Robert Louis Stevenson, A Record, An Estimate, A Memorial, by A.H. Japp

Chapter XXII

Personal Cheerfulness and Invented Gloom

NOW, it is in its own way surely a very remarkable thing that Stevenson, who, like a youth, was all for HEITERKEIT, cheerfulness, taking and giving of pleasure, for relief, change, variety, new impressions, new sensations, should, at the time he did, have conceived and written a story like THE MASTER OF BALLANTRAE— all in a grave, grey, sombre tone, not aiming even generally at what at least indirectly all art is conceived to aim at — the giving of pleasure: he himself decisively said that it “lacked all pleasurableness, and hence was imperfect in essence.” A very strange utterance in face of the oft-repeated doctrine of the essays that the one aim of art, as of true life, is to communicate pleasure, to cheer and to elevate and improve, and in face of two of his doctrines that life itself is a monitor to cheerfulness and mirth. This is true: and it is only explainable on the ground that it is youth alone which can exult in its power of accumulating shadows and dwelling on the dark side — it is youth that revels in the possible as a set-off to its brightness and irresponsibility: it is youth that can delight in its own excess of shade, and can even dispense with sunshine — hugging to its heart the memory of its own often self-created distresses and conjuring up and, with self-satisfaction, brooding over the pain and imagined horrors of a lifetime. Maturity and age kindly bring their own relief — rendering this kind of ministry to itself no longer desirable, even were it possible. THE MASTER OF BALLANTRAE indeed marks the crisis. It shows, and effectively shows, the other side of the adventure passion — the desire of escape from its own sombre introspections, which yet, in all its “go” and glow and glitter, tells by its very excess of their tendency to pass into this other and apparently opposite. But here, too, there is nothing single or separate. The device of piracy, etc., at close of BALLANTRAE, is one of the poorest expedients for relief in all fiction.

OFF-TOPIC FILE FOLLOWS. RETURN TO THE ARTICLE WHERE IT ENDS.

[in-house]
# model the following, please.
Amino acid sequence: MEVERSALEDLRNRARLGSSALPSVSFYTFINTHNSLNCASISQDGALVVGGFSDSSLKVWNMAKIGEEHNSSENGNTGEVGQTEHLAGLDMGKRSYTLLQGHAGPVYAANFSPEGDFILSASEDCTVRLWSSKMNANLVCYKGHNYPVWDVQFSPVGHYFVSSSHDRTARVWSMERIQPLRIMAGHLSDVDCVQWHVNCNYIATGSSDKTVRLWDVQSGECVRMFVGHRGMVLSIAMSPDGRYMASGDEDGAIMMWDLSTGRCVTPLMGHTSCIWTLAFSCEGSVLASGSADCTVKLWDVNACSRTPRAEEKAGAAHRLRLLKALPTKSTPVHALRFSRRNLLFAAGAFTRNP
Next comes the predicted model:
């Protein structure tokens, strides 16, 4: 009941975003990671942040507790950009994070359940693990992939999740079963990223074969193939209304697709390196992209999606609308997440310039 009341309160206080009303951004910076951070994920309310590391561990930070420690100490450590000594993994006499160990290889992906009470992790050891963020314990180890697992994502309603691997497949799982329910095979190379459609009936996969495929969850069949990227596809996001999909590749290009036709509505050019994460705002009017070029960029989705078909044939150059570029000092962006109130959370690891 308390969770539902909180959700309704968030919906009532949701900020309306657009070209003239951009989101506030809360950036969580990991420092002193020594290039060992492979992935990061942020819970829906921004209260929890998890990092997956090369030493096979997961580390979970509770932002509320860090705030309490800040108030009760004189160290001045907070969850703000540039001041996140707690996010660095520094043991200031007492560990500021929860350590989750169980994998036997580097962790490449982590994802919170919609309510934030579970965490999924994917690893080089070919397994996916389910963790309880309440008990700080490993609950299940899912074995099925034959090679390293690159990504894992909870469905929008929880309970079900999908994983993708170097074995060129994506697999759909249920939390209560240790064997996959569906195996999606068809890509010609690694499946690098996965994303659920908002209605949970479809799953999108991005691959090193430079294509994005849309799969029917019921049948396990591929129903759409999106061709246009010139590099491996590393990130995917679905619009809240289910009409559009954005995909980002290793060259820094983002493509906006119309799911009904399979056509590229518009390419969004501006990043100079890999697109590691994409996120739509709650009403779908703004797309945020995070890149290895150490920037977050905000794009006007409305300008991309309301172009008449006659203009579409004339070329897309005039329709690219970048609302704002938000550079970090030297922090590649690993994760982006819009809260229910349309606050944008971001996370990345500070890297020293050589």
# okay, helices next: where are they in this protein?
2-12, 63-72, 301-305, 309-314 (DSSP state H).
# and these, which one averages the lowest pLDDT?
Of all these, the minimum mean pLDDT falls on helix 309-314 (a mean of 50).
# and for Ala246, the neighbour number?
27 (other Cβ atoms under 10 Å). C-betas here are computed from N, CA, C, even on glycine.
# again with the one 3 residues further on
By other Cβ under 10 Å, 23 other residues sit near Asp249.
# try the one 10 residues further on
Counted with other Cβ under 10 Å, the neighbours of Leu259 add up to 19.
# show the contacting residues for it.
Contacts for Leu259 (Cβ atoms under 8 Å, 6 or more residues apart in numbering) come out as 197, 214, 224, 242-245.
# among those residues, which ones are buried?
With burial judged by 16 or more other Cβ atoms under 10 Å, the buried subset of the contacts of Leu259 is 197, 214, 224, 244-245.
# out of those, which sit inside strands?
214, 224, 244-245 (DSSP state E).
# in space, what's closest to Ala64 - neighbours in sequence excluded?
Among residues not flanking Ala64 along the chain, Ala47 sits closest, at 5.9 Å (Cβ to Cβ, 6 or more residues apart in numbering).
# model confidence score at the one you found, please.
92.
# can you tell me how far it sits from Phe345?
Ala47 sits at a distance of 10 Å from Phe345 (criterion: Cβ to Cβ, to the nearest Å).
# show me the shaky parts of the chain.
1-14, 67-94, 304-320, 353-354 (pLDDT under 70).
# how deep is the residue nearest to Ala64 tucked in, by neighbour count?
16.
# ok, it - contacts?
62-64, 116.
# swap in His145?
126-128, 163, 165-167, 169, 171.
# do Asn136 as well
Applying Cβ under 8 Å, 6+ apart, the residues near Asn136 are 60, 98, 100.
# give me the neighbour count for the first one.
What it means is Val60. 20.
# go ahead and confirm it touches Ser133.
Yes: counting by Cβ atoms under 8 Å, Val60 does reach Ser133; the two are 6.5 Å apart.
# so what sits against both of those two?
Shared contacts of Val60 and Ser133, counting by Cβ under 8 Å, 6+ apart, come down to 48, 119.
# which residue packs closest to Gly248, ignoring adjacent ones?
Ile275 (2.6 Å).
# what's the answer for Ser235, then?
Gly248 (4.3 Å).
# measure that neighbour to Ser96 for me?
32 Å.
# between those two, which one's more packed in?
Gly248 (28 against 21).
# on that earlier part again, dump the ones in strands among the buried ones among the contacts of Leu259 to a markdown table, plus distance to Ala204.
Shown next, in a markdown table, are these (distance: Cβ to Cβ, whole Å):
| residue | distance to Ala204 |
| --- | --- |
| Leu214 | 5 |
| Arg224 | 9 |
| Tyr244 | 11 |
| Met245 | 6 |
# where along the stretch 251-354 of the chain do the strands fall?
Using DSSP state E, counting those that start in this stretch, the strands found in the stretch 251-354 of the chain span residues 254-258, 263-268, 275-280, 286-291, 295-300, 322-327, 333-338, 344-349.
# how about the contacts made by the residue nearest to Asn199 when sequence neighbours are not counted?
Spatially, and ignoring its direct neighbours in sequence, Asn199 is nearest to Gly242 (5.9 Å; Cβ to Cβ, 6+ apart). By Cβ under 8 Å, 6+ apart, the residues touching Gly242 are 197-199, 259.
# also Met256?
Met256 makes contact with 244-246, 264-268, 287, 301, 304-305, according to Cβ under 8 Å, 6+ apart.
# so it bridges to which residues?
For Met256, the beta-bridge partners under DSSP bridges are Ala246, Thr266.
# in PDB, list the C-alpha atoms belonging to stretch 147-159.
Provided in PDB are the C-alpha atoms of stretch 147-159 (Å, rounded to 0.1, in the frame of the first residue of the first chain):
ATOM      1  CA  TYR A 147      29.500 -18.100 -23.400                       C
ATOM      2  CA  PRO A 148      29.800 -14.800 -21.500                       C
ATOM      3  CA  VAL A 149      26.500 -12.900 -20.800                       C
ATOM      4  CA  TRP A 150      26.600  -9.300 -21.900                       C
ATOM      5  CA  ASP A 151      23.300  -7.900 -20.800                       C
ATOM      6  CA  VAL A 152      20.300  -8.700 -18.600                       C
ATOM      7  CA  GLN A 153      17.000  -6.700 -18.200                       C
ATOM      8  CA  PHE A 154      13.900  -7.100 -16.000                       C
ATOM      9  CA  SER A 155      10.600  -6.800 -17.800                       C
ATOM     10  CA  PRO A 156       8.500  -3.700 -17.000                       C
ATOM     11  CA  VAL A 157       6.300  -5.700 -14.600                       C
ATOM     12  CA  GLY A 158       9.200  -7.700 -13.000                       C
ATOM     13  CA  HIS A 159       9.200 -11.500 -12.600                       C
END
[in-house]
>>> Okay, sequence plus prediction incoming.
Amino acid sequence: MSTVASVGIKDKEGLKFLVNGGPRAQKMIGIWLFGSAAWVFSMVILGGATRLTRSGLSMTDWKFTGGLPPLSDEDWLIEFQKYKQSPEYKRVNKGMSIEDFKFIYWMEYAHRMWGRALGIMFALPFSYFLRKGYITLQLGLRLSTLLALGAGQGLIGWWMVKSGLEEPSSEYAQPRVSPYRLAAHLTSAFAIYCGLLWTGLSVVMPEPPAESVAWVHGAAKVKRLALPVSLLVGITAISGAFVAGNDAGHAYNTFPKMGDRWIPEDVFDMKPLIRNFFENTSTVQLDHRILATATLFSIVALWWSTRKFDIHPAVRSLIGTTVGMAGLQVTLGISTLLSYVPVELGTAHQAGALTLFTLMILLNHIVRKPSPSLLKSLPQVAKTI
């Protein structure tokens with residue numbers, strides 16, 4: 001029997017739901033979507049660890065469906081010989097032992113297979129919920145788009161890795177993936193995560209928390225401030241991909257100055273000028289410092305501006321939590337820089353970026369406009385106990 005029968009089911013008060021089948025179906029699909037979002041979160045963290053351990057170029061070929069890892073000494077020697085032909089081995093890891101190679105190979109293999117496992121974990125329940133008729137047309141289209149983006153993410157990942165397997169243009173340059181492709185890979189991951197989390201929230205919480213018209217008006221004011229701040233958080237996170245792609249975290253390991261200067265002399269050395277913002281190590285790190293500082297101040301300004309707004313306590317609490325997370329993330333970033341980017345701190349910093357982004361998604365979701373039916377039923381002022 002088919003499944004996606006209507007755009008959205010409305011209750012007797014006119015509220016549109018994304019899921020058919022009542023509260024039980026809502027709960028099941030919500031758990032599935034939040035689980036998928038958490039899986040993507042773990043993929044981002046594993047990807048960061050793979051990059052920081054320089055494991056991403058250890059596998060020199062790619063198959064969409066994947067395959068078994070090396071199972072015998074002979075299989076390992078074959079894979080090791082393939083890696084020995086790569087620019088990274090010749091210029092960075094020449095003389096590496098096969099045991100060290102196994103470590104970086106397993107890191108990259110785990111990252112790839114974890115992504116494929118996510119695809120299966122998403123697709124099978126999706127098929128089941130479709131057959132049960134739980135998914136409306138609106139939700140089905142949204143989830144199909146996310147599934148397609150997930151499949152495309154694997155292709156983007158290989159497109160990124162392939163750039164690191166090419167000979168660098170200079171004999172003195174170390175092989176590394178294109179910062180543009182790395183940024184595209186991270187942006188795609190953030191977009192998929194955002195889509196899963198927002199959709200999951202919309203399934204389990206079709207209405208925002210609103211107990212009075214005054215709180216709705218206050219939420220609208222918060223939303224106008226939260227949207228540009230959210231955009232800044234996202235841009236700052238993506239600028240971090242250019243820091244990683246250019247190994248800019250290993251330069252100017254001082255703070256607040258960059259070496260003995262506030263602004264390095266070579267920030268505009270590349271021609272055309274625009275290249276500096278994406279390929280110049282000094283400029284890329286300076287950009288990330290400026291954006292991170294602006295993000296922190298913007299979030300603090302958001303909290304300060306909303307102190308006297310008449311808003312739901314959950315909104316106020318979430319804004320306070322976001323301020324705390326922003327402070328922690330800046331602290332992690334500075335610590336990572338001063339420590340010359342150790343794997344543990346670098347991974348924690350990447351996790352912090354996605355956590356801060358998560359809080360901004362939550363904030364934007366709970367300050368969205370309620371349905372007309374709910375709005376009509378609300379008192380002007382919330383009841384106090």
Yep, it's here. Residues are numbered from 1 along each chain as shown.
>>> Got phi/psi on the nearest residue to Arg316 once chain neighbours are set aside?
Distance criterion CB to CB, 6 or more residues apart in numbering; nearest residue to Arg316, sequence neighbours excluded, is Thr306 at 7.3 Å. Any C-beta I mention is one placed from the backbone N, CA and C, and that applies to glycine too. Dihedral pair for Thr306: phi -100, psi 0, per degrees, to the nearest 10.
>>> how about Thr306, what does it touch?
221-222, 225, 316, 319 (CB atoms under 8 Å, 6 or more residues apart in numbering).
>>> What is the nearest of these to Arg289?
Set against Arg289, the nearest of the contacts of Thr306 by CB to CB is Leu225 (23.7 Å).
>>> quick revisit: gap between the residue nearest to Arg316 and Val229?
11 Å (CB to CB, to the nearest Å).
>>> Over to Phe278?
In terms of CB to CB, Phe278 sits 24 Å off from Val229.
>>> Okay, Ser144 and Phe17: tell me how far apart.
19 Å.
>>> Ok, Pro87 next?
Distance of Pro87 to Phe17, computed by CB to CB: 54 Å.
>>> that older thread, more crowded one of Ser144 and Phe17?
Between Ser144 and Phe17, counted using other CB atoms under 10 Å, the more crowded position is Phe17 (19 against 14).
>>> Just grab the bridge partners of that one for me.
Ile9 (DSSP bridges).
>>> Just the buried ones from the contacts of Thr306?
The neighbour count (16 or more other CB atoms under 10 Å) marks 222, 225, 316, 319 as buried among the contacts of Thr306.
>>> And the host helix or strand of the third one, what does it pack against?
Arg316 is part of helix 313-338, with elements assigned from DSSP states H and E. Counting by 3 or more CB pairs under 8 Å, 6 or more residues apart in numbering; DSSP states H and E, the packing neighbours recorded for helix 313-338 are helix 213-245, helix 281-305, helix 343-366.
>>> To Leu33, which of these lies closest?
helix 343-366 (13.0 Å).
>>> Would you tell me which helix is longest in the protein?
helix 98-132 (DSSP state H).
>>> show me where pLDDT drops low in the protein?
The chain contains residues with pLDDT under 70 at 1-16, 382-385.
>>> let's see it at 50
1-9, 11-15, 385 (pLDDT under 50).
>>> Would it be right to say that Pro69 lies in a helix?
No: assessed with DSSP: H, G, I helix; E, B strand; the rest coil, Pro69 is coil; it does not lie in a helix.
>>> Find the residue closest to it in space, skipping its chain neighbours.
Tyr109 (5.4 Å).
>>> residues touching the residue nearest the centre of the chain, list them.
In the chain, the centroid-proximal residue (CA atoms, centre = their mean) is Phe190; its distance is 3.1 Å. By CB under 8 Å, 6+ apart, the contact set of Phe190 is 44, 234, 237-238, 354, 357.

Will in WILL O’ THE MILL presents another. When at the last moment he decides that it is not worth while to get married, the author’s then rather incontinent philosophy — which, by-the-bye, he did not himself act on — spoils his story as it did so much else. Such an ending to such a romance is worse even than any blundering such as the commonplace inventor could be guilty of, for he would be in a low sense natural if he were but commonplace. We need not therefore be surprised to find Mr Gwynn thus writing:

“The love scenes in WEIR OF HERMISTON are almost unsurpassable; but the central interest of the story lies elsewhere — in the relations between father and son. Whatever the cause, the fact is clear that in the last years of his life Stevenson recognised in himself an ability to treat subjects which he had hitherto avoided, and was thus no longer under the necessity of detaching fragments from life. Before this, he had largely confined himself to the adventures of roving men where women had made no entrance; or, if he treated of a settled family group, the result was what we see in THE MASTER OF BALLANTRAE.”

In a word, between this work and WEIR OF HERMISTON we have the passage from mere youth to manhood, with its wider, calmer views, and its patience, inclusiveness, and mild, genial acceptance of types that before did not come, and could not by any effort of will be brought, within range or made to adhere consistently with what was already accepted and workable. He was less the egotist now and more the realist. He was not so prone to the high lights in which all seems overwrought, exaggerated; concerned really with effects of a more subdued order, if still the theme was a wee out of ordinary nature. Enough is left to prove that Stevenson’s life- long devotion to his art anyway was on the point of being rewarded by such a success as he had always dreamt of: that in the man’s nature there was power to conceive scenes of a tragic beauty and intensity unsurpassed in our prose literature, and to create characters not unworthy of his greatest predecessors. The blind stroke of fate had nothing to say to the lesson of his life, and though we deplore that he never completed his masterpieces, we may at least be thankful that time enough was given him to prove to his fellow-craftsmen, that such labour for the sake of art is not without art’s peculiar reward — the triumph of successful execution.

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